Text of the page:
Slow progress is still progress don’t yer know

First off, I can only apologise for the decades which have passed since I put up part one of this post, as it happens part two is extremely straightforward.

To briefly recap part one, we introduced several helper methods that enabled us to render a site menu using unordered lists. We extended the helper methods to detect the current page and give the matching anchor’s parent li tag a specific class (“current”).

Having implemented part one, you should get rendered html similar to this…

  1. <ul class="menu collapsible" id="main-menu">
  2.     <li class="current">
  3.         <a href="/">Homea>
  4.     li>
  5.     <li>
  6.         <a href="/Home/About">Abouta>
  7.     li>
  8.     <li>
  9.         <a href="/MoreInfo">More Informationa>
  10.         <ul>
  11.             <li>
  12.                 <a href="/MoreInfo/CompanyHistory">Company Historya>
  13.             li>
  14.         ul>
  15.     li>
  16. ul>

Lets say we now want to hide certain elements of the menu. For example the menu above looks like this in the browser (albeit not yet formatted using CSS)…

image

We want to make More Information expandable. Specifically it will be collapsed to start with, then when the user clicks the link it expands to reveal Company History.

To achieve this we can use JQuery and in the spirit of not reinventing the wheel we can use a rather neat little script by Marco van Hylckama Vlieg.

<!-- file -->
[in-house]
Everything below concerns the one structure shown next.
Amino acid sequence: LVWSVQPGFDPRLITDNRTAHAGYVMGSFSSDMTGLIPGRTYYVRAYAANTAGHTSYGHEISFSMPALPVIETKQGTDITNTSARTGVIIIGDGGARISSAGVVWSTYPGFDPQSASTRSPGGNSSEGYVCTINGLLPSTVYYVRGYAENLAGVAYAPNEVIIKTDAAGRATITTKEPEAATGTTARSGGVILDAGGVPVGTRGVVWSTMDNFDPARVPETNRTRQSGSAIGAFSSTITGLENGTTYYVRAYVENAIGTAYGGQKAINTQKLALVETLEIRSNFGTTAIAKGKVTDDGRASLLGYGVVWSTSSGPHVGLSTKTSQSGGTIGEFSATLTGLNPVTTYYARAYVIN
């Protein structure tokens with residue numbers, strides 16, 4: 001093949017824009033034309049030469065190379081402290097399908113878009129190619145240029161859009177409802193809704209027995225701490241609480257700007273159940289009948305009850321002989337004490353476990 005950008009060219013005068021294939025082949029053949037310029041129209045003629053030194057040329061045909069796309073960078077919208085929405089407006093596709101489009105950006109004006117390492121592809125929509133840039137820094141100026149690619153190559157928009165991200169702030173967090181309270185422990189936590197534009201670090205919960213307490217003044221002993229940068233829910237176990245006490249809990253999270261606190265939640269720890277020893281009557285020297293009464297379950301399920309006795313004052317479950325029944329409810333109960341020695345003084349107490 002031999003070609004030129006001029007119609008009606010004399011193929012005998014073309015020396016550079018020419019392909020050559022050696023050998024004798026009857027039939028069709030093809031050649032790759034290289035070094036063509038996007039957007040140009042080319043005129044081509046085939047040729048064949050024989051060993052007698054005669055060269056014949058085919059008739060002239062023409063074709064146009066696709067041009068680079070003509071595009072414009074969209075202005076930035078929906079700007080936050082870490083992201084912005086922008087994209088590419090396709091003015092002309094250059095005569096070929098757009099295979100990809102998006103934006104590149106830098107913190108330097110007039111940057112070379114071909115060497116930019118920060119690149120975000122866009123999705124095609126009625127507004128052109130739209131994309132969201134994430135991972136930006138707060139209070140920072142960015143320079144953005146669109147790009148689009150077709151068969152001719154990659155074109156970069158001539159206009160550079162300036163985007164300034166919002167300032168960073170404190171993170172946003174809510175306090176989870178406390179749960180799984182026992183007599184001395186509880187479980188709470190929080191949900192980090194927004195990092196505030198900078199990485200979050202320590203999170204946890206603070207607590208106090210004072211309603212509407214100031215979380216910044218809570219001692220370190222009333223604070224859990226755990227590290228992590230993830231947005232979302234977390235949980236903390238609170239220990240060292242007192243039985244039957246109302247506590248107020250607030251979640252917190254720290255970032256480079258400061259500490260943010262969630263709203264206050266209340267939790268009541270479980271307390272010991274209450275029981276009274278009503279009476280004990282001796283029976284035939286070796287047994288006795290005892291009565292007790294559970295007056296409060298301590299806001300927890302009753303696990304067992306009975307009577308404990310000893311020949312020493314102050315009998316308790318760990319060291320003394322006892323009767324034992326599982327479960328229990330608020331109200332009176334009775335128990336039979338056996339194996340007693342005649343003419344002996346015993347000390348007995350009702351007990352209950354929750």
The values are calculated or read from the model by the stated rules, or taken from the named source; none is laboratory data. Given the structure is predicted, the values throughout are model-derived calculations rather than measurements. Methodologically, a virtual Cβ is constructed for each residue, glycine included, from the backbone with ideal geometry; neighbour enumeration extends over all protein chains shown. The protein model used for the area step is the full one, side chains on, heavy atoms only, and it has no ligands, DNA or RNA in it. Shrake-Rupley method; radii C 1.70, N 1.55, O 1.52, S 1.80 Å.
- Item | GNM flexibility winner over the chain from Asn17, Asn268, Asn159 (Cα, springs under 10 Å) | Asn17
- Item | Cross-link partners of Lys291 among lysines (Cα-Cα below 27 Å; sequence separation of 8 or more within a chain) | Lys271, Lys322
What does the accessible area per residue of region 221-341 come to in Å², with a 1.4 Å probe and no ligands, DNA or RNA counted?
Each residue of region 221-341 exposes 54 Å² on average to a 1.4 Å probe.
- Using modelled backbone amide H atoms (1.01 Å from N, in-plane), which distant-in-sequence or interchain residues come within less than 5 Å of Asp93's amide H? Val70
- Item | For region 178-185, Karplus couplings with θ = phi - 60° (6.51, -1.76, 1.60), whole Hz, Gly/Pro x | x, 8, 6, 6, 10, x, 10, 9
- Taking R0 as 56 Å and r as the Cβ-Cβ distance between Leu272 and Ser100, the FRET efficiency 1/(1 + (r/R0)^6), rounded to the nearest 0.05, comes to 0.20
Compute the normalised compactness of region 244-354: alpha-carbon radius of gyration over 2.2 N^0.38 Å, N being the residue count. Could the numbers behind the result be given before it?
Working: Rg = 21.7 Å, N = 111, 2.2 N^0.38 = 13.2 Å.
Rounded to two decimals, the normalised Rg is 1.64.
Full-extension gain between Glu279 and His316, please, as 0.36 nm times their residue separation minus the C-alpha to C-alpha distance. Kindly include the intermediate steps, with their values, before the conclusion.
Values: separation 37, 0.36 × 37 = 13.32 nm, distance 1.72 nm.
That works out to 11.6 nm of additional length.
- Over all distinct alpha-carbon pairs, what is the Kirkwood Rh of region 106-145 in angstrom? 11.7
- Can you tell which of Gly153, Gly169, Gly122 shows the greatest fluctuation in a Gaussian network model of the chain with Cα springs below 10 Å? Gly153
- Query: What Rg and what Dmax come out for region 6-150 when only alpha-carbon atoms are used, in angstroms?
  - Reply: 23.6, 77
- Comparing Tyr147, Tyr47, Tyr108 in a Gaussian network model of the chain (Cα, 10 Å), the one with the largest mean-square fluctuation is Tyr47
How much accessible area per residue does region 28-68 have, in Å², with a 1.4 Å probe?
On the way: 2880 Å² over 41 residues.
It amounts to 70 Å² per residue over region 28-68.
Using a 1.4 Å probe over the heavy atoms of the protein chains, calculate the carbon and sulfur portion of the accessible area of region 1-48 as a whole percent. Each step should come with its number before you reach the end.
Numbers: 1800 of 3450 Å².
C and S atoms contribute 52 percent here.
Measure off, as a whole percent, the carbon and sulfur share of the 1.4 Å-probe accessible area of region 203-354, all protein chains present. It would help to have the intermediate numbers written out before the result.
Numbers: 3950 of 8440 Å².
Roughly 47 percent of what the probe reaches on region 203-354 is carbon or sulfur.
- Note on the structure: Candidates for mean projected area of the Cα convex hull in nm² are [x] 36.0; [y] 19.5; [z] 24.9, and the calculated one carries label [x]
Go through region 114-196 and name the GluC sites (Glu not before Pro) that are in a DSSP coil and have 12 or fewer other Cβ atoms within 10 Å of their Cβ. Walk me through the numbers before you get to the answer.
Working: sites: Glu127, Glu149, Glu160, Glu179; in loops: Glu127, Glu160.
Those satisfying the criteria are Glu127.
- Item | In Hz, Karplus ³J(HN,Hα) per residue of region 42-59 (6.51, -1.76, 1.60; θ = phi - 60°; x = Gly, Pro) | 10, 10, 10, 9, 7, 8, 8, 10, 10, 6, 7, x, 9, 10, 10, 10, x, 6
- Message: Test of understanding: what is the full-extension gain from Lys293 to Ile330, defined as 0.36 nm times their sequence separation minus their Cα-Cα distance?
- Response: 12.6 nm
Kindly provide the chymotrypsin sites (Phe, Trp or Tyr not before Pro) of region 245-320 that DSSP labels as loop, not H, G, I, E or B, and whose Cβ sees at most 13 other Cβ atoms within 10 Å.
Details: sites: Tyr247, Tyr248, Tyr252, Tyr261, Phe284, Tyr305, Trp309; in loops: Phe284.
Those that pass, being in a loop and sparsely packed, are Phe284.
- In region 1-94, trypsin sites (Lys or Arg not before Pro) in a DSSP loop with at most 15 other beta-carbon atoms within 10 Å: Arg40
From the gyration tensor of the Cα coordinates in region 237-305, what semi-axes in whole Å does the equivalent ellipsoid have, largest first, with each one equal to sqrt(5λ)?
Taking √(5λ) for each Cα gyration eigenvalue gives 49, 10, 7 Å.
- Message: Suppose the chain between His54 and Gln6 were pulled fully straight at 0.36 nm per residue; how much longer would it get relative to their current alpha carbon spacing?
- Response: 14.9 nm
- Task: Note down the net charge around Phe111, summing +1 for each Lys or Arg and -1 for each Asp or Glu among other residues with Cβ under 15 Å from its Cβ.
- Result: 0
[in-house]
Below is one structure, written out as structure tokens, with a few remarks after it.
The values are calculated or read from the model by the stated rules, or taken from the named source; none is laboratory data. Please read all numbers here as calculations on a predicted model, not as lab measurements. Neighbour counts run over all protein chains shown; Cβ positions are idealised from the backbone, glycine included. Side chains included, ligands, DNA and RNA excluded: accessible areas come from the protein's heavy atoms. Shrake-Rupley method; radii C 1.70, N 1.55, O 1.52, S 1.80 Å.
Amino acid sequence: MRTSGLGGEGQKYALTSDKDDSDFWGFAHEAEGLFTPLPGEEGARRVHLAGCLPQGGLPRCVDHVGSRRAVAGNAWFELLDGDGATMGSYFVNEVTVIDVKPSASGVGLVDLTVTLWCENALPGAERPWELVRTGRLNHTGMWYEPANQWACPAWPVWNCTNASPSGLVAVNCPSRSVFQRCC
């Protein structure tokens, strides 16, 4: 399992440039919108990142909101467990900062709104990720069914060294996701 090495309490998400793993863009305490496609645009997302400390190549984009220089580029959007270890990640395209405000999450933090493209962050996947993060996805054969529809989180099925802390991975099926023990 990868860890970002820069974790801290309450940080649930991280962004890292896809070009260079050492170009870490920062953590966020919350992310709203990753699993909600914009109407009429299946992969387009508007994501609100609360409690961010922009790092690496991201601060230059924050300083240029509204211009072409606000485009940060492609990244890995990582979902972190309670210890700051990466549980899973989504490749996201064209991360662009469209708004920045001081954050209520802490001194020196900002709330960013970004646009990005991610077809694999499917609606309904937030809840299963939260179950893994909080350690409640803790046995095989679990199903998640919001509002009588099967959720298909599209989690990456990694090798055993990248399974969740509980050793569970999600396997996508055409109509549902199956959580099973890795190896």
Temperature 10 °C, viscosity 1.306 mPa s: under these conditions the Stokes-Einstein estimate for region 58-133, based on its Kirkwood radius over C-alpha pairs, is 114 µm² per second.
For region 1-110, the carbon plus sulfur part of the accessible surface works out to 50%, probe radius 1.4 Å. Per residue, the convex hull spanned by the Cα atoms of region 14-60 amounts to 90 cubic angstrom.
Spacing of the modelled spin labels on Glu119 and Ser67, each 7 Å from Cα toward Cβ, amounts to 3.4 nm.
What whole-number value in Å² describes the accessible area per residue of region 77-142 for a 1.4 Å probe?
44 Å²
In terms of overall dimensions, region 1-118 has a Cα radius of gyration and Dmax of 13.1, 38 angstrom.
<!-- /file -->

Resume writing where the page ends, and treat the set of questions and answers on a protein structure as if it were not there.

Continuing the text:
The script is aptly named Simple JQuery Menu and does exactly what we want, with the added touch of animating the menus.

 

You can read up on the script at Marco’s blog but for our purposes, all you need to do is go to the demo page and download the script.

 

It seems Marco’s blog has gone down, however fear not you can grab the source code (script and example) from here.

Copy the script into your Scripts folder, reference it on you page (probably Site.Master if your menu appears on every page) and voila your menu takes on a life of it’s own.

If you break down Marco’s script you’ll see that JQuery’s simple approach to manipulating html/css makes implementing a menu like this fairly straightforward.

The final step is to prettify your menu using css, an example file is included in the download from Marco’s site.

image

Minor improvement

There is one small weakness in Marco’s script. If you click on Company History in this example, you will find you go to the Company History page but the menu is collapsed. Personally I would prefer the menu be expanded so you can see the page you’re currently on in the menu.

To achieve this effect, we need to make a small addition to the script…

  1. // add this to the existing script
  2. $(‘li.current ul’).show();
  3. $(‘li.current’).parent().show();

Insert this code before the $(‘ul.menu li a’).click handler and now the More Information menu will be expanded when you’re on the Company History page.

Clean and Lean

Hopefully this two-part post has demonstrated how the control which MVC gives you over your html enables you to use existing techniques and frameworks (e.g. JQuery) to enhance your site whilst keeping clean lean html and javascript.

Download this simple demo project here.

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